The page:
Up to six and a half meters long, he is not a wee chap this most aquatic of the crocodilians… what’s more he is really rather suited to the wet stuff. Not surprising then he eats fish, too fast for most crocs, but not for the gharial. That is why he has this huge long thin snout, rammed full of razor sharp teeth. He lies in wait with these toothy swords ajar and when a fishy dishy pops by… snap! The gharial is much faster than his lunking great cousins too, helped by the thin snout which cuts through the water like an oar on its side. If his snappy trap isn’t working he’ll use his flat paddle like tail to slip through the streams, or to whack unsuspecting fish on to the riverbank to scrobble down on.

The male has a ‘pot’ or ‘ghara’ at the end of the snout which grows with maturity. It is used to make hissing noises and apparently is used to blow bubbles which the fillies find quite delightful.

one can even pop pipe tobacco in it...

Rather unusual I’m sure you’ll agree.

Published in: on February 3, 2010 at 1:42 pm  Comments (2)  

Komodo Dragon

This is the story of an island giant… no not that film about that big bugger off monkey… but huddle up dear reader as here is a tale every bit as incredible and a monster every bit as abominable…


In 1492 Martin Behaim covered a metal ball with a map and thought it rather splendid, he called it the ‘Erdapfel’ and though it lacked the Americas and even had a few made up countries for good measure, it was the first globe. The second oldest globe is of an unknown origin… the Hunt-Lenox globe. It is dated variously between 1503 and 1510 and is emblazoned with the really rather smashing description across Asia… HC SVNT DRACONES… HERE BE DRAGONS.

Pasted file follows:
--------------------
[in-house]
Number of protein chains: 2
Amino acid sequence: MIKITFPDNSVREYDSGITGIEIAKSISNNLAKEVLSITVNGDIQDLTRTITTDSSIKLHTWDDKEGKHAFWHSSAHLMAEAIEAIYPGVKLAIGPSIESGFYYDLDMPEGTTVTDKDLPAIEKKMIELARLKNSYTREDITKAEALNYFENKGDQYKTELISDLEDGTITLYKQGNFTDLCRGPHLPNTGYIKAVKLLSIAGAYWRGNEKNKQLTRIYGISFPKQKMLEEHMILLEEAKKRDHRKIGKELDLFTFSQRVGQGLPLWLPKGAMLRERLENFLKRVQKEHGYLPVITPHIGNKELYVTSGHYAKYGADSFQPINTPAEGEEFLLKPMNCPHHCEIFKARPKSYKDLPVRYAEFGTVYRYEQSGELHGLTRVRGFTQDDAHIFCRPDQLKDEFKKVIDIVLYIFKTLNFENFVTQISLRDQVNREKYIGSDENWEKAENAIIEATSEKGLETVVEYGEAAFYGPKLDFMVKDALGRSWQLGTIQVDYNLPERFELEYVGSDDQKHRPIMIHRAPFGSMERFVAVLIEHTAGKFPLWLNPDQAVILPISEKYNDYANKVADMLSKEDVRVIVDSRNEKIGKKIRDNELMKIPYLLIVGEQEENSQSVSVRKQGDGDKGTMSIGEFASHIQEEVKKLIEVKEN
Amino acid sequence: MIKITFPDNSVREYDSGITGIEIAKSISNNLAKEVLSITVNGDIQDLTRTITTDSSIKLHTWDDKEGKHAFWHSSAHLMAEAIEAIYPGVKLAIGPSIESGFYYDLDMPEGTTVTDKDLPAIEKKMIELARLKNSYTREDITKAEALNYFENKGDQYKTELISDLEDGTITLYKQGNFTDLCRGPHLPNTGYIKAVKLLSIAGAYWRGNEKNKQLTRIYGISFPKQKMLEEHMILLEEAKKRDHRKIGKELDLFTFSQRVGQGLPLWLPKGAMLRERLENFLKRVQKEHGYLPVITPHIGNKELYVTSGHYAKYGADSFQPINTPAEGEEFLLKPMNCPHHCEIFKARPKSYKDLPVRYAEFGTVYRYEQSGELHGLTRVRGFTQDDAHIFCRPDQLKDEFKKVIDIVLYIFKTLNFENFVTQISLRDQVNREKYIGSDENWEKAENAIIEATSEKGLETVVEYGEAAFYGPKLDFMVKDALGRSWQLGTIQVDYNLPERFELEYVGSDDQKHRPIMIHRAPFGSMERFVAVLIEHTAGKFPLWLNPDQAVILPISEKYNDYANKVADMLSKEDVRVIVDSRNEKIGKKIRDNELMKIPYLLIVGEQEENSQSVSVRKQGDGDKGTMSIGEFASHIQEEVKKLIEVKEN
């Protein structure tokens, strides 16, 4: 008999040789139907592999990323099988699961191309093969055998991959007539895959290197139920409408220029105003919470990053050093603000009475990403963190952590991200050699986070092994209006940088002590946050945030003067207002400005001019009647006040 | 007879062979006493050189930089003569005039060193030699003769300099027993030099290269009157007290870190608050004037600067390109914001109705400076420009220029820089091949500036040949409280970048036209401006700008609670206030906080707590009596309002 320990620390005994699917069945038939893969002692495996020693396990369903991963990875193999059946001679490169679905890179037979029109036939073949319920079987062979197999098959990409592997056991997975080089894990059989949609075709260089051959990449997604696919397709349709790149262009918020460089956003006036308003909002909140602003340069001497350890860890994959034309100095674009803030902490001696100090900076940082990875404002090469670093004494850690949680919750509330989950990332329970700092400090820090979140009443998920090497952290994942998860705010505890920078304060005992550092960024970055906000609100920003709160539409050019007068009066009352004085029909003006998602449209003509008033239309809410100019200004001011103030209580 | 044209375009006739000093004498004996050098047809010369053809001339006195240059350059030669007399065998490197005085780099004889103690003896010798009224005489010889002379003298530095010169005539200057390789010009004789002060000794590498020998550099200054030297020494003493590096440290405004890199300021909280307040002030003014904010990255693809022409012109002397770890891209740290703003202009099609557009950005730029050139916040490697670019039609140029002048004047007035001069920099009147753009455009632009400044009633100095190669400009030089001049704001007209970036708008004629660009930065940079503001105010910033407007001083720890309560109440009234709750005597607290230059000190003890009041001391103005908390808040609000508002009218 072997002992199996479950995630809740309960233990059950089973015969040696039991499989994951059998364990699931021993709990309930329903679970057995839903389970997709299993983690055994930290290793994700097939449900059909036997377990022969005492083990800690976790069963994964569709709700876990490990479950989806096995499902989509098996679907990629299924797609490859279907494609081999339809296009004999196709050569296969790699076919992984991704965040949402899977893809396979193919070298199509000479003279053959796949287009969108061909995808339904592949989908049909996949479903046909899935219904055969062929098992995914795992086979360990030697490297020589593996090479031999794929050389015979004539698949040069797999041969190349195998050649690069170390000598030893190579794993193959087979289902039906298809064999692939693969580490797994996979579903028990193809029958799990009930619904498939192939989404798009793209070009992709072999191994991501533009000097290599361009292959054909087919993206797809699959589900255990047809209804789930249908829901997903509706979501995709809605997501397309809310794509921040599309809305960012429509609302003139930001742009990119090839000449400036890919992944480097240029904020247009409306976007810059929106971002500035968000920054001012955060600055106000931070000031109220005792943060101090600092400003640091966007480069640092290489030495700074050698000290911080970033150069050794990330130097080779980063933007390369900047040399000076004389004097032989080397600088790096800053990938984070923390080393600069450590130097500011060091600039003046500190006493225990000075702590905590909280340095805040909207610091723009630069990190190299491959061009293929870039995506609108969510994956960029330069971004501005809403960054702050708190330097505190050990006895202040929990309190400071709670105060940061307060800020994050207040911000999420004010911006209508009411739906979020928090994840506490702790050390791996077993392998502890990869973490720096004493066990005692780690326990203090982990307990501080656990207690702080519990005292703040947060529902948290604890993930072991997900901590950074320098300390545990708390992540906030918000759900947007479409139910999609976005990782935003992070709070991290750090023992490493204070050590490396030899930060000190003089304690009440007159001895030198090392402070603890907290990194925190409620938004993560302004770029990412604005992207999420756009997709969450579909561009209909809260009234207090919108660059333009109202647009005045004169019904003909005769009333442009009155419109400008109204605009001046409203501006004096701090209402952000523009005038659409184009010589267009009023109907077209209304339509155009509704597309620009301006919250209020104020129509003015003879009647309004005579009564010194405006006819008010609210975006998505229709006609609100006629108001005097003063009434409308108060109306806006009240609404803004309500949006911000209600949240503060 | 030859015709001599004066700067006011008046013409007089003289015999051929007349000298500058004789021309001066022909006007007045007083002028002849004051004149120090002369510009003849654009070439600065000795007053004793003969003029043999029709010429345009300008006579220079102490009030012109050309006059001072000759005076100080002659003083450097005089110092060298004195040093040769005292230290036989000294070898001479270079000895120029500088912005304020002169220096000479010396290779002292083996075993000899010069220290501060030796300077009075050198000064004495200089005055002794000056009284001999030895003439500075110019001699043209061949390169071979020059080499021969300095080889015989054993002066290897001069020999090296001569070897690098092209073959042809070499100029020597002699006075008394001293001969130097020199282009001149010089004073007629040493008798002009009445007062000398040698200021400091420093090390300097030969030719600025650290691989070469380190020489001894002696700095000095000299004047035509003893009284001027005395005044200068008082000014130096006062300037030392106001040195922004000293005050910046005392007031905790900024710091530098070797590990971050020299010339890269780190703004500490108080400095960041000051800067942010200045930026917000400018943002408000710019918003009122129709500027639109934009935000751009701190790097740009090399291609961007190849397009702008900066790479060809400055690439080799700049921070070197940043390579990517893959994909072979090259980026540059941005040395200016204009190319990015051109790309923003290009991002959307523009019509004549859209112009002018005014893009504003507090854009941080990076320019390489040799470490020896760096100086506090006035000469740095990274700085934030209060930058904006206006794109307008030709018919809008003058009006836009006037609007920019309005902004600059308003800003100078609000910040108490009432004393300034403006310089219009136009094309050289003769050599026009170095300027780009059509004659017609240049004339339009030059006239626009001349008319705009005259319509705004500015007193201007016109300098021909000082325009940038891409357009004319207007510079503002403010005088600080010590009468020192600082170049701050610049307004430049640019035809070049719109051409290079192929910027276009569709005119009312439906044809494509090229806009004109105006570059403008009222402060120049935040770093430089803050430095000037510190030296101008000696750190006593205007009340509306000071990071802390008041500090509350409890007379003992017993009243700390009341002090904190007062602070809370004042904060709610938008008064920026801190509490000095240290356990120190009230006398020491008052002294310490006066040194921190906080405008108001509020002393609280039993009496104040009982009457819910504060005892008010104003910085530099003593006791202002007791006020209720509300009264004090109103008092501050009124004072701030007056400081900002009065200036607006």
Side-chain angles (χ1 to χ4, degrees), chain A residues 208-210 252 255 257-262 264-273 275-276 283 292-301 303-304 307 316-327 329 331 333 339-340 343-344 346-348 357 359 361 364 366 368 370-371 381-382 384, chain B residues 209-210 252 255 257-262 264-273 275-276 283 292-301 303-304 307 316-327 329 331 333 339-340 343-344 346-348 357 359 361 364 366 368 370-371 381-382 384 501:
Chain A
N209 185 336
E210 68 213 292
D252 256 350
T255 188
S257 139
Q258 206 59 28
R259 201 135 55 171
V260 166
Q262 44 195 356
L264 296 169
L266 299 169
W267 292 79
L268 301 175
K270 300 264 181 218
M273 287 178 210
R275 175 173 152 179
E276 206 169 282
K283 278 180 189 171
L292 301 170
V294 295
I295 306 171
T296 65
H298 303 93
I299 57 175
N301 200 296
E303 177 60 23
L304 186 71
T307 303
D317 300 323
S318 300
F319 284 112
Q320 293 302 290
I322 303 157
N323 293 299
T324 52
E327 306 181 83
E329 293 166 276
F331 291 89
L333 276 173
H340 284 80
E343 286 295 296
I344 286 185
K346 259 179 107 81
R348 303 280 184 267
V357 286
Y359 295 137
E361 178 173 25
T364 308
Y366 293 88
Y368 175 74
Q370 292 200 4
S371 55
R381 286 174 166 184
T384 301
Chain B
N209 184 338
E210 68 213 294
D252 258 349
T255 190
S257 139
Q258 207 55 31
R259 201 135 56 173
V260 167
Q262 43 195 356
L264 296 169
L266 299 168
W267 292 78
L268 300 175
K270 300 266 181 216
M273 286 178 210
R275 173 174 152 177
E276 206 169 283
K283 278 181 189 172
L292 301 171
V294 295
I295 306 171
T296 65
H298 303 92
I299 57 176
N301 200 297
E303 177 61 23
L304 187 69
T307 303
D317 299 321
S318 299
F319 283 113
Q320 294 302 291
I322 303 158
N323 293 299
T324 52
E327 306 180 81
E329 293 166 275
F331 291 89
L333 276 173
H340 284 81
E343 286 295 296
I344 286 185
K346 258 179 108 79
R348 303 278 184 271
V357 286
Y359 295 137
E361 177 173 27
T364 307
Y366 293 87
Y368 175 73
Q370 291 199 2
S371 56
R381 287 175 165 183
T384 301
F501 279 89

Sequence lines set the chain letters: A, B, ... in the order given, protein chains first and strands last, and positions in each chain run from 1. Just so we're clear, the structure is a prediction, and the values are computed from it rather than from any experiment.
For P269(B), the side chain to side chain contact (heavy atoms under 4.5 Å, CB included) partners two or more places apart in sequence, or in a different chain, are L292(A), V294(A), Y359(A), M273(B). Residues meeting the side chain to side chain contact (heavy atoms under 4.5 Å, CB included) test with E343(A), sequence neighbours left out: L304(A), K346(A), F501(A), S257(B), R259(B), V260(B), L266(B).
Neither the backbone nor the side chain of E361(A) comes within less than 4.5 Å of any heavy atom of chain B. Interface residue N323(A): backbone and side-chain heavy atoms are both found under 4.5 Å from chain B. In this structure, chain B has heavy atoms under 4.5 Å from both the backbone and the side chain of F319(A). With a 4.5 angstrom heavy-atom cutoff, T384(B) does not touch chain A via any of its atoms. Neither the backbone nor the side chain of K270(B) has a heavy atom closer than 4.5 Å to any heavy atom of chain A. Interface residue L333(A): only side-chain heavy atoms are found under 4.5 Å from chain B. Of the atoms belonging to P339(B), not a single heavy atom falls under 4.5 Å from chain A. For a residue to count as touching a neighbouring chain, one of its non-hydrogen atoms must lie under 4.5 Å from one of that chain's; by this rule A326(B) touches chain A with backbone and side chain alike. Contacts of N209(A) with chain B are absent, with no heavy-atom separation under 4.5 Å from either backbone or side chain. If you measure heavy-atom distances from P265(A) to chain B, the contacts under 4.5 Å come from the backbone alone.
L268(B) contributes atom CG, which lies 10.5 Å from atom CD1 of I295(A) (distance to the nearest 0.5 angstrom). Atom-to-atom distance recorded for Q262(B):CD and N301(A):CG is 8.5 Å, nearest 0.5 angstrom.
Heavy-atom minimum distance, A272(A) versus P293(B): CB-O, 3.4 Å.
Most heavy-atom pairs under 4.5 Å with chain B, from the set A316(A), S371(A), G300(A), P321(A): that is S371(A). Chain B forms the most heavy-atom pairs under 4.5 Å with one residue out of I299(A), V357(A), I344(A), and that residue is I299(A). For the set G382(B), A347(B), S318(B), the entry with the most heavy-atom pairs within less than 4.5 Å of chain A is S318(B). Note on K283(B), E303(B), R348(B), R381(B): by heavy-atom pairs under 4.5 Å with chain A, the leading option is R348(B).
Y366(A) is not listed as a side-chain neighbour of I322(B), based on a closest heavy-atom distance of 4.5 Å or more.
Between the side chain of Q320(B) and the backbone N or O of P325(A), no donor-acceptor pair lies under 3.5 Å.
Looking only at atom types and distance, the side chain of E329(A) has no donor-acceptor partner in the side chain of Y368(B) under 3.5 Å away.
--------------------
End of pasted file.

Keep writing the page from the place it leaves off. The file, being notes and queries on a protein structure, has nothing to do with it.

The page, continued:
Remarkably it is the only time that such an inscription has appeared on any antiquated map… though dragons indeed here there be… it just took us a while to find them.

In 1908 a pioneering Dutch aviator crash landed into the shark-infested waters in a far flung arm of the East Indies. He thought himself the luckiest chap alive as he had managed to cheat a certain death… he quickly re-thought his position however when he found himself shacked up on an island with slobbering three-metre-long man-eating lizards. Somehow our Dutch friend escaped this devil of a pickle, and three months later upon his return he told everyone he knew about his incredible escapades on the island of the dragons. Unfortunately living in the Netherlands it was presumably commonplace for people to hallucinate fantastical creatures most days of the week and everyone thought him quite the silly sausage.